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Davenport v. D&L Construction & Solid Walls, LLC

Superior Court of Delaware, Sussex

October 27, 2014

Henry R. Davenport
v.
D&L Construction & Solid Walls, LLC,

Submitted: July 2, 2014

Dear Counsel:

Before the Court is the appeal of Claimant Henry R. Davenport ("Claimant") of a decision rendered against him and in favor of D&L Construction, LLC ("D&L") and Solid Walls, LLC ("Solid Walls") by the Industrial Accident Board (the "Board") regarding Claimant's separately filed Petitions to Determine Compensation Due. For the reasons explained below, the Board's decision is AFFIRMED.

Facts & Procedural Background

During the relevant time period, Claimant was employed by D&L. On the date of Claimant's injury, D&L was a sub-contractor to Solid Walls, a general contractor. Solid Walls maintains workers' compensation insurance, but did not receive a certificate of insurance from D&L regarding Claimant. At the time of Claimant's injury, D&L did not have workers' compensation insurance.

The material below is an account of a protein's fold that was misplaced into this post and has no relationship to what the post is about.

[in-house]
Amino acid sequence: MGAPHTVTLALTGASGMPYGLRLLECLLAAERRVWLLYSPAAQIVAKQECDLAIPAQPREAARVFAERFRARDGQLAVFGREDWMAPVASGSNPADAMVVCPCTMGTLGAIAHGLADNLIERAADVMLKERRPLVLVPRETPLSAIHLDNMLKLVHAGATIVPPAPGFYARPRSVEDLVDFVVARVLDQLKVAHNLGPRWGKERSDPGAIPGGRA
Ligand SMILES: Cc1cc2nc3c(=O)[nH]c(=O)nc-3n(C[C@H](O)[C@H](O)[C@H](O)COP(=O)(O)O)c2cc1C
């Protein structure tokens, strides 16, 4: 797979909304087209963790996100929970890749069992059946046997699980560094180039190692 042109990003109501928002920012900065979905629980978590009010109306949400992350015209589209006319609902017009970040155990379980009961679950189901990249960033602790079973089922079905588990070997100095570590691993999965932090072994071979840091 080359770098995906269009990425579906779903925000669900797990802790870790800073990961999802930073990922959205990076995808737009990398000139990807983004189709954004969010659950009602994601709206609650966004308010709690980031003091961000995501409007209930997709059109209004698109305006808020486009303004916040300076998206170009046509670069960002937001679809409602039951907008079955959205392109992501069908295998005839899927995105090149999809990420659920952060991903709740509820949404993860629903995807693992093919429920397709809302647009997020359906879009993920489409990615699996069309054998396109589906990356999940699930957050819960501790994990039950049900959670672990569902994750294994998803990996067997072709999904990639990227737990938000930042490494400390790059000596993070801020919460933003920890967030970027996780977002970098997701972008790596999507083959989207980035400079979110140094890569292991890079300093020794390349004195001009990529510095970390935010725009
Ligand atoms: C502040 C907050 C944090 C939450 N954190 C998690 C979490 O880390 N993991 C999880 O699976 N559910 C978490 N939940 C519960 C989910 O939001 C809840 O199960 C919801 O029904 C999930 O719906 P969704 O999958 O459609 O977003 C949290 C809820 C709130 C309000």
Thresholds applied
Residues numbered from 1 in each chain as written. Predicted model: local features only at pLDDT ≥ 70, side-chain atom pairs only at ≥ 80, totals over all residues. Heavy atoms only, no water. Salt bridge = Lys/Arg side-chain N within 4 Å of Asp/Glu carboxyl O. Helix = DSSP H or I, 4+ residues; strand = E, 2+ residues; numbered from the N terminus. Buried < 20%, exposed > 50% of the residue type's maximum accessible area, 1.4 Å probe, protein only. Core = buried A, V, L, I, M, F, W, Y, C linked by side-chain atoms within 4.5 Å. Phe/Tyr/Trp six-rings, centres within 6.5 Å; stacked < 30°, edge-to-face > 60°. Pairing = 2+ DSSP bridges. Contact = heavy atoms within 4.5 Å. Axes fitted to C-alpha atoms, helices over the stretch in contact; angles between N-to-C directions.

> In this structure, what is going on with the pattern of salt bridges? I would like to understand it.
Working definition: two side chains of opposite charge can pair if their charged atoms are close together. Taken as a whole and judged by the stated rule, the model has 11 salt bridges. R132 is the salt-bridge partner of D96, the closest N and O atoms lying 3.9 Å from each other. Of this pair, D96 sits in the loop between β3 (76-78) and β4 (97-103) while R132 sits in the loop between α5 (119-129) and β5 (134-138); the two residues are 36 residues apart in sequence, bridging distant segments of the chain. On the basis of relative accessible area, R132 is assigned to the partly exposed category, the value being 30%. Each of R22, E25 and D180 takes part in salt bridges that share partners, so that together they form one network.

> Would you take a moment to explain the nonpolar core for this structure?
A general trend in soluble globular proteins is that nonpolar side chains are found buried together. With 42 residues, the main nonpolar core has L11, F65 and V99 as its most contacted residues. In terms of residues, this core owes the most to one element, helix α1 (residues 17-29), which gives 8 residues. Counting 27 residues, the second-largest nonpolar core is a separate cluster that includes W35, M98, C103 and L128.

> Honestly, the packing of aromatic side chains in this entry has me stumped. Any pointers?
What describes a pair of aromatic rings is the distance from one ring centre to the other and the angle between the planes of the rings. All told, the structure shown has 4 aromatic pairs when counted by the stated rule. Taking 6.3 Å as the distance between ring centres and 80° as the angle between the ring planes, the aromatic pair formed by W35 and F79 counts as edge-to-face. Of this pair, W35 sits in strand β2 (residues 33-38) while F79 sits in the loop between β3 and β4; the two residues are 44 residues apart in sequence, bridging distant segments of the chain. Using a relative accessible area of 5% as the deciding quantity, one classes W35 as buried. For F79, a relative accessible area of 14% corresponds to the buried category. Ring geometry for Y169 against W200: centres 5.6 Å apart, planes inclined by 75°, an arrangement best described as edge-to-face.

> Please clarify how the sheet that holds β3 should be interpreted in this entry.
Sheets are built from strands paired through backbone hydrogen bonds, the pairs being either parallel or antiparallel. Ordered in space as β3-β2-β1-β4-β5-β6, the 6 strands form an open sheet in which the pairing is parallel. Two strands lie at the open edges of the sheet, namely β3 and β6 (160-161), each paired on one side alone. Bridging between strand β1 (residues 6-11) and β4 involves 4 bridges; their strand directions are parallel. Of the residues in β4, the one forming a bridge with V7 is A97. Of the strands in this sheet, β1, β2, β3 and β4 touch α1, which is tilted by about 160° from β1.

D&L is a construction company specializing in framing and carpentry. The company consisted of the members of the Miller family: David Miller ("Mr. Miller"), his three brothers, and his son. Mr. Miller hired Claimant to drive the D&L crew members to their various job sites, as their Amish faith prohibited them from owning or operating a motor vehicle. About a year before Claimant's accident, D&L's previous driver had quit, and Claimant was hired after he approached Mr. Miller about the job.